By Ted Kyle
Two new insights are converging to create an opportunity for employers to gain competitive advantage. First, the results from wellness-or-else programs are proving that the promises of some wellness vendors were inflated. Bribing and threatening employees to be healthier doesn’t really pay off. Equally important is the insight that comes from medical research about obesity. While it’s clear that obesity is costly for health and productivity, it’s also clear that simplistic weight loss schemes are utterly ineffective for dealing with obesity.
Because obesity is a complex, chronic disease with a big impact on competitiveness and productivity, employers need smart strategies for dealing with it. Innovative employers are finding such strategies by integrating health benefits with a strategy for the well-being of their workforce. The result can be a competitive advantage.
Obesity, Wellness, and Well-Being
Obesity has more than a single cause and the most important factors can vary from one person to the next. Some people have been living with obesity that goes back through many generations. For others, it may be the response to traumatic stress. Work stress and unhealthy sleep patterns can contribute. Because the list is nearly endless, a cookie cutter wellness program will do little to provide lasting well-being to most people with obesity.
The most effective strategy grows from a corporate culture that prizes the well-being of its workforce. That means considering the whole employee and offering more than lip service about wellness. Does the culture tolerate destructive conflict and stress? Or is there a genuine commitment to managing workplace stress?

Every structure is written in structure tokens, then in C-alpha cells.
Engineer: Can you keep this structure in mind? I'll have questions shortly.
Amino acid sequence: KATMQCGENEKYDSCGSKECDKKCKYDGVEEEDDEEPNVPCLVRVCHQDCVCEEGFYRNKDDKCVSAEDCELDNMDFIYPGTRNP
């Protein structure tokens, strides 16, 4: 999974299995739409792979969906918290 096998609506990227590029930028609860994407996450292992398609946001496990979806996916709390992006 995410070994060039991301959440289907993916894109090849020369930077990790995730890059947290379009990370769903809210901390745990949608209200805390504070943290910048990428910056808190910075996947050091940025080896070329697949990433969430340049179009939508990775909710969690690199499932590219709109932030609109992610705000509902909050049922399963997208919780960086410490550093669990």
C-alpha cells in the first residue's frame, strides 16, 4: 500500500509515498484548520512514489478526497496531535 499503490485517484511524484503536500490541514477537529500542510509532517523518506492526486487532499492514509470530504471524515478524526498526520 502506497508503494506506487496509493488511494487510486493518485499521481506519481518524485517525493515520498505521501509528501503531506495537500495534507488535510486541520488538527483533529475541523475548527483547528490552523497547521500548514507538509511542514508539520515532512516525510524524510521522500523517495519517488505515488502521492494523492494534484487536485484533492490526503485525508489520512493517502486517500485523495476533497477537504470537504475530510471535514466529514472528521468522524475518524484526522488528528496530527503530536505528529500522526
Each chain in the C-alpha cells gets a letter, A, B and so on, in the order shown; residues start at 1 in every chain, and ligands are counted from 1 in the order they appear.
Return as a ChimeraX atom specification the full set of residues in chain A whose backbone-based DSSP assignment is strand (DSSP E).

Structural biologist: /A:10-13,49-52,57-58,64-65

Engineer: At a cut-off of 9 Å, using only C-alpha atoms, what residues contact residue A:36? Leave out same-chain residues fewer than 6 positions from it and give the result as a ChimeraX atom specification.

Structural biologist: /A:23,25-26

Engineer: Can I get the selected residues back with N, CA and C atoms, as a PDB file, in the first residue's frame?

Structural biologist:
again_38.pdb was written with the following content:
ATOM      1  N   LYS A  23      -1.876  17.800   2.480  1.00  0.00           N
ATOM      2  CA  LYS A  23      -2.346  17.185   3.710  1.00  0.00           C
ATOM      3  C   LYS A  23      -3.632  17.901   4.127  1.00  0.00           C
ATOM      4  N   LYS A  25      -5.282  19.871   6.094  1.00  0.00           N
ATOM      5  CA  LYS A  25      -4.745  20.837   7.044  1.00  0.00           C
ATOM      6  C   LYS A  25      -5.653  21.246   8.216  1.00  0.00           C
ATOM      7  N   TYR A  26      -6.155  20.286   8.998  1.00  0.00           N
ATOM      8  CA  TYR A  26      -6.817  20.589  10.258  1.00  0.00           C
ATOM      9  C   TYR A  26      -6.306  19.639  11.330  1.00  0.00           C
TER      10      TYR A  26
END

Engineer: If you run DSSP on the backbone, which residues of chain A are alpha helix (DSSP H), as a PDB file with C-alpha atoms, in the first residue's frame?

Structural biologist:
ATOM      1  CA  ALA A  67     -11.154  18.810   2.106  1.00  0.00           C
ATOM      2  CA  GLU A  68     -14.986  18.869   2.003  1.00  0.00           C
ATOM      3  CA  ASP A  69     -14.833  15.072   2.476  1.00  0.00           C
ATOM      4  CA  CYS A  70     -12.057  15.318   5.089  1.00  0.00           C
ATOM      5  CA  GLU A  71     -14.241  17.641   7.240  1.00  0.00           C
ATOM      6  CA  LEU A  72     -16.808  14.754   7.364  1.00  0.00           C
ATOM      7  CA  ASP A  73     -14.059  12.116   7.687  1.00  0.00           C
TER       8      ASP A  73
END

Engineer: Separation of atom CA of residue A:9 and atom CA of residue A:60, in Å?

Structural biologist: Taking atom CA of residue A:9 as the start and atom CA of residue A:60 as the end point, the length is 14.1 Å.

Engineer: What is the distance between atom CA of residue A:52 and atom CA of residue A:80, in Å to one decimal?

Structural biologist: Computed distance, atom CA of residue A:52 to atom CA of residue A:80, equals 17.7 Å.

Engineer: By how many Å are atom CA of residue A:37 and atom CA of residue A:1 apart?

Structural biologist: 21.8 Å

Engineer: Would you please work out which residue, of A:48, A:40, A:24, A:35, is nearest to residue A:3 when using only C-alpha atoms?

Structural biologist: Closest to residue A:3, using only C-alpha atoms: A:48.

Some jobs put a worker at a higher risk of obesity. A smart employer knows which of its jobs add to the risks and finds ways to mitigate them. Does the work environment promote healthy nutrition and physical activity?
Integrating Well-Being with Health Benefits
No amount of well-being talk will help an employee overcome obesity unless the corporate health plan gives them access to an effective standard of care for obesity. That means access to care providers – such as board-certified obesity medicine physicians – who are skilled in providing effective obesity care. It means access to modern anti-obesity medications and bariatric surgery when necessary. But most of all, it means systems that don’t falsely imply that an employee must first prove that they are worthy of receiving a decent standard of care before they can get it.
After a lifetime of blame and shame for a body size they did not choose, many people with obesity will internalize the stigma they feel. It hurts their health and productivity. Worse, it leads them to avoid healthcare that might help them overcome obesity. Make sure your health plan isn’t adding to that problem.
Research tells us that employers who focus on the well-being of their workforce can expect a workforce that is healthier and more productive. In turn, a healthy, productive workforce can be an important source of competitive advantage.
At Work, photograph © UCONN Rudd Center Image Gallery
Ted Kyle is a pharmacist and healthcare innovation professional who serves on the Board of Directors for the Obesity Action Coalition and advises The Obesity Society on advocacy. His widely-read daily commentary, published at conscienhealth.org/news, reaches an audience of more than 15,000 thought leaders in health and obesity.
The opinions, beliefs and viewpoints express by the authors do not necessarily reflect the opinions, beliefs and viewpoints of Pittsburgh Business Group on Health, its board or its employees.